“Happy families are all alike,” Leo Tolstoy asserts in the beginning of Anna Karenina, “every unhappy family is unhappy in its own way.” Perhaps concurring with this estimation, Percy nonetheless shows that through the family, unhappy or otherwise, the individual comes to an understanding of something more abiding than the cold comfort of his existential exertions. By presenting a comparison of the families and individual characters in The Last Gentleman and Brideshead Revisited, I intend to show how Percy taps into the same important lodestone of family dynamics which facilitates Charles Ryder’s conversion and at the same time show how The Last Gentleman, while not haunted with the same nostalgia as Waugh’s masterpiece, ought to take its rightful place besides Brideshead Revisited as a contemporary novel attempting to address the malaise of modernity from the uniquely sacramental and therefore hopeful role of the family.

Many critics see The Last Gentleman as a “hinge” novel between Percy’s first efforts at fiction and his more mature work, but through this presentation, I will show that The Last Gentleman can also stand on its own as Percy’s most fully realized fictional treatment of the family as a refuge for the existential hero and a sign of hope for the modern world.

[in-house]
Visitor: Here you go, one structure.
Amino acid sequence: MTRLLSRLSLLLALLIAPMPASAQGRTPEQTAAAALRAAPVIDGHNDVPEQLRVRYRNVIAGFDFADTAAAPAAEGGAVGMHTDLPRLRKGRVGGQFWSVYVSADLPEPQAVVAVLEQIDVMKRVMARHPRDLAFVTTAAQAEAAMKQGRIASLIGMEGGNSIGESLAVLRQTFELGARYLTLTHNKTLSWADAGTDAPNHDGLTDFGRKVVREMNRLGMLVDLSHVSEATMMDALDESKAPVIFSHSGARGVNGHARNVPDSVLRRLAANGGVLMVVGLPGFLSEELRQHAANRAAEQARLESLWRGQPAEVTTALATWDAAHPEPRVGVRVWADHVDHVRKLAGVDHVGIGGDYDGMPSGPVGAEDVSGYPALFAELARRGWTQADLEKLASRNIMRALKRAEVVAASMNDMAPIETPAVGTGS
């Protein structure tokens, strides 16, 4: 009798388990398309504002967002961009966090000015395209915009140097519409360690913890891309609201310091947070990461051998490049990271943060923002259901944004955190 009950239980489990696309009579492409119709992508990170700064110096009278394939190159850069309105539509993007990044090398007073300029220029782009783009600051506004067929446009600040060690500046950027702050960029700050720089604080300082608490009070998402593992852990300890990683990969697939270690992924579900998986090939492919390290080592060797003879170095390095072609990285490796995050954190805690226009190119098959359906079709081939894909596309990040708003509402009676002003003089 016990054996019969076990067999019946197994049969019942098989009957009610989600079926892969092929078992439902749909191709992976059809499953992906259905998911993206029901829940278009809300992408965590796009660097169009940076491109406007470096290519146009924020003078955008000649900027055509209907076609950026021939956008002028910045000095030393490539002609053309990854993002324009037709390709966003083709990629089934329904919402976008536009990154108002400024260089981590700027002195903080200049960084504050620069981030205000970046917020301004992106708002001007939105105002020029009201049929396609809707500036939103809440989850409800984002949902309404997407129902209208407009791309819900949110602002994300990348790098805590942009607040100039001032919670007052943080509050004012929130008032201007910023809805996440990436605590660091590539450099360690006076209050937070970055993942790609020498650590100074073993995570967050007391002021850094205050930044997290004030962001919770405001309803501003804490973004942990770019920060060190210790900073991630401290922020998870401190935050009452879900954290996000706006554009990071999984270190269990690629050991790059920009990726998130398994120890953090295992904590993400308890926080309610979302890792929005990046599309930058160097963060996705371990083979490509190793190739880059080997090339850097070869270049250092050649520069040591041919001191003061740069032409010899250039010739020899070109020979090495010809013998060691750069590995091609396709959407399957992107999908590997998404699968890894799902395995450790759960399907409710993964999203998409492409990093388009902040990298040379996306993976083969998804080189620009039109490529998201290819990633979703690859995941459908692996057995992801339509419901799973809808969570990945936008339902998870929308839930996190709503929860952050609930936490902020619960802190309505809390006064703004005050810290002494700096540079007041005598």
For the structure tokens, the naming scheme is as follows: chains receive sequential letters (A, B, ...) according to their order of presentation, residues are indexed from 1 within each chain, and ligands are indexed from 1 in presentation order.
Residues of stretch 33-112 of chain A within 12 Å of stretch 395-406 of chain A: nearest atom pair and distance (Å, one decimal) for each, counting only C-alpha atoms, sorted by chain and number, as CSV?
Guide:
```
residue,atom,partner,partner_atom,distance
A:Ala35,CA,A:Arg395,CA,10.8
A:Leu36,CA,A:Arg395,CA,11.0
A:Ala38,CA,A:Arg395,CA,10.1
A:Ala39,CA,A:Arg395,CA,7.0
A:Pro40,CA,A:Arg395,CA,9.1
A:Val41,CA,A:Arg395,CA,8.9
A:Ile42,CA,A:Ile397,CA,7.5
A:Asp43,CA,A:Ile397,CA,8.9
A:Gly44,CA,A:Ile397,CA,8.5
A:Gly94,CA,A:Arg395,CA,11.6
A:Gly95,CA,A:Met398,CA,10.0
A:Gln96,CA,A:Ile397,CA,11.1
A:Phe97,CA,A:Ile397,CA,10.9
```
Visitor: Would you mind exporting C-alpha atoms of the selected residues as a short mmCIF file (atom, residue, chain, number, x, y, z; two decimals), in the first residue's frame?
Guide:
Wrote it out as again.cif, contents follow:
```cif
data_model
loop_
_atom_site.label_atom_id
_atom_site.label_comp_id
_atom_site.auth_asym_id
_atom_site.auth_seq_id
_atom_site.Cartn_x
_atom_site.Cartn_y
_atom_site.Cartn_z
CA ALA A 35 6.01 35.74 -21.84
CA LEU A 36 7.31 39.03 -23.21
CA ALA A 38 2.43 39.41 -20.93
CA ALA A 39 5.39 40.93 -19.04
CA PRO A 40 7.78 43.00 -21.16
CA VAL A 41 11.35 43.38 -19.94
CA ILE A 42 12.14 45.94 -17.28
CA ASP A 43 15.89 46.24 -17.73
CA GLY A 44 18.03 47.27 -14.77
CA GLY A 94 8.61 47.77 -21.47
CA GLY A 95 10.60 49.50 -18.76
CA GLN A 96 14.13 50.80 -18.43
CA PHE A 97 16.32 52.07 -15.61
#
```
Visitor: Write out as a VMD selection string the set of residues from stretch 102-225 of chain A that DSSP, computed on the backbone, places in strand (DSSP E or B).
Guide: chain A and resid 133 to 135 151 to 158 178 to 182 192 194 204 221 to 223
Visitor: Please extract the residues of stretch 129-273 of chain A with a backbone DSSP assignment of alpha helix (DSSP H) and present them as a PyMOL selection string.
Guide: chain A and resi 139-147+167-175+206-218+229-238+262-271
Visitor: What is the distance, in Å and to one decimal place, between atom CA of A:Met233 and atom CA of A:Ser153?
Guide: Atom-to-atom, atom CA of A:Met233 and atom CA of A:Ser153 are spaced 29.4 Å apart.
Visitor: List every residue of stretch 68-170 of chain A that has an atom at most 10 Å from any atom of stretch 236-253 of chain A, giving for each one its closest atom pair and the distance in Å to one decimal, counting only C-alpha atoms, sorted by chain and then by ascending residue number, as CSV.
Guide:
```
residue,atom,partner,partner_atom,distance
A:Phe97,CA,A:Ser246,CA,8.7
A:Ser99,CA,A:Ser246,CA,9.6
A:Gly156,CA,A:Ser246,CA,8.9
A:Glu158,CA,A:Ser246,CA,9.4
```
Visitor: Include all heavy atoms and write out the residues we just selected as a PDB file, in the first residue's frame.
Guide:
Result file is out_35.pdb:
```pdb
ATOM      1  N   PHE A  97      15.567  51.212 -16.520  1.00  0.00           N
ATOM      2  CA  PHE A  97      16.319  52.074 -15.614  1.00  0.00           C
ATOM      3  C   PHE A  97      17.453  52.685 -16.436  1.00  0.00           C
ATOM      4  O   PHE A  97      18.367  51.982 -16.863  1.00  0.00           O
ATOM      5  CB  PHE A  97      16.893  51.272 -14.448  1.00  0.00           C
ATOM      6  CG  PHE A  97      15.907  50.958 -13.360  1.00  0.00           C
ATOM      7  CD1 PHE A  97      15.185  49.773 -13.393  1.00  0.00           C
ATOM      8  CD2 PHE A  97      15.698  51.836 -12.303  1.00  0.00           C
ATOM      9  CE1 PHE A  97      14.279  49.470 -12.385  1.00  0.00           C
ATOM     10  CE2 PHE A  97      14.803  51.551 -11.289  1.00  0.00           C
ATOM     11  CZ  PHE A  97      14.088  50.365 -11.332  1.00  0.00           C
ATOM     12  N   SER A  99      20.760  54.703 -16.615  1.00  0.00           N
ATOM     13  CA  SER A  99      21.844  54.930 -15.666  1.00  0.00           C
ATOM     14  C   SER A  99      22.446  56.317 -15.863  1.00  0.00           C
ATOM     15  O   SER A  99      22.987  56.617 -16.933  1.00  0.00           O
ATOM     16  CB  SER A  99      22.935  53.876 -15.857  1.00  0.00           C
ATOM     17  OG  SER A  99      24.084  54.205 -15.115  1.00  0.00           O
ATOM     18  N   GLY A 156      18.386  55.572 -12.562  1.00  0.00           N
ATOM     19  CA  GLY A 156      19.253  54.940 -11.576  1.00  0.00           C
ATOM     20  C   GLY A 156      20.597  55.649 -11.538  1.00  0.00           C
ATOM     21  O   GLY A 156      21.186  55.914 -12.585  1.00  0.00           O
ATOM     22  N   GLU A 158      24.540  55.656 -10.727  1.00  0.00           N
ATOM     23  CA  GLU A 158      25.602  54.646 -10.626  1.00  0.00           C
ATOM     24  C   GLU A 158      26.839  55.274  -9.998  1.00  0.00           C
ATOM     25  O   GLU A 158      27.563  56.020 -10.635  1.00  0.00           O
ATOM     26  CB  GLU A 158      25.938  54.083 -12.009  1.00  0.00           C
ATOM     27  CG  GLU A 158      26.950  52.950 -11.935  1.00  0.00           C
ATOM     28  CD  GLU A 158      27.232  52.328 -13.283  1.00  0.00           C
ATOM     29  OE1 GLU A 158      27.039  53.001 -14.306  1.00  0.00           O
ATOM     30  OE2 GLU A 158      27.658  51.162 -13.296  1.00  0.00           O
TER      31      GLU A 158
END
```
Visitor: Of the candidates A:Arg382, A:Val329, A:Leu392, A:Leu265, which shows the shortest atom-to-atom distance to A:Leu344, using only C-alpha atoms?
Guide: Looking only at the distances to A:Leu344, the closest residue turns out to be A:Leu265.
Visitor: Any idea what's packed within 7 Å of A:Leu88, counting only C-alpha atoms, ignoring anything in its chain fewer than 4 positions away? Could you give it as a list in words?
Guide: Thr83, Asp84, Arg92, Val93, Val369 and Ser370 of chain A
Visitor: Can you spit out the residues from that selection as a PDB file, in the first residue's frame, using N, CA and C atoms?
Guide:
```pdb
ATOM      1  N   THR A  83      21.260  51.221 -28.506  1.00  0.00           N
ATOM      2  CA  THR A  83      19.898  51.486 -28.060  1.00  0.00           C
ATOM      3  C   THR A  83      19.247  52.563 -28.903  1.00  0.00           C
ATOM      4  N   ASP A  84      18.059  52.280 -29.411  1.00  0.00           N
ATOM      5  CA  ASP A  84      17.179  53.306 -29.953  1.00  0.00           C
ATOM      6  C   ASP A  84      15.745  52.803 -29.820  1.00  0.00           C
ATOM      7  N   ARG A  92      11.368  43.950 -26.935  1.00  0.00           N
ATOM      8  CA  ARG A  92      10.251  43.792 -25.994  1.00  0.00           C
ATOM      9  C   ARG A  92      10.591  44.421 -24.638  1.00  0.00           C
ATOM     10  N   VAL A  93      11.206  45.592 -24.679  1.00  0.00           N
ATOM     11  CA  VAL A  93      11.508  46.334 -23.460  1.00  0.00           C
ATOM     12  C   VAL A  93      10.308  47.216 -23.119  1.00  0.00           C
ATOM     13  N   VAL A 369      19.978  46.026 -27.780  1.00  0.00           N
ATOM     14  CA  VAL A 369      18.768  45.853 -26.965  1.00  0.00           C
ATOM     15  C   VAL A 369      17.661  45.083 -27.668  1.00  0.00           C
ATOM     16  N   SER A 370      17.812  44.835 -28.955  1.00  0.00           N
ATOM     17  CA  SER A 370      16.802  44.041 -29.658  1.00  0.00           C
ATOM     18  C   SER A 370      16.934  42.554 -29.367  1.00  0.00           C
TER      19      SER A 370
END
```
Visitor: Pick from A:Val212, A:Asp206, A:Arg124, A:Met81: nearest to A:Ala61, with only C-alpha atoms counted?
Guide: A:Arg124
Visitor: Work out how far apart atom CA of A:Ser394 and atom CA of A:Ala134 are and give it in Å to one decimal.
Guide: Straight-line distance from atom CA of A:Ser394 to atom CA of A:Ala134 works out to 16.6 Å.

NB: Deadline Extended!

Casting the Akira Kurosawa The Last Gentleman, #8

Takashi_ShimuraTakashi Shimura as Forney Aiken

Casting the Akira Kurosawa The Last Gentleman, #7

Daisuke_KatoDaisuke Kato as Mr. Vaught

Casting the Akira Kurosawa The Last Gentleman, #6

Kyōko_KagawaKyoko Kagawa as Sister Val Vaught

Casting the Akira Kurosawa The Last Gentleman, #5

Yuzo_KayamaYuzo Kayama as Jamie Vaught

Casting the Akira Kurosawa The Last Gentleman, #4

Toshiro_MifuneToshiro Mifune as Dr. Sutter Vaught

Casting the Akira Kurosawa The Last Gentleman, #3

Isuzu_YamadaIsuzu Yamada as Rita Vaught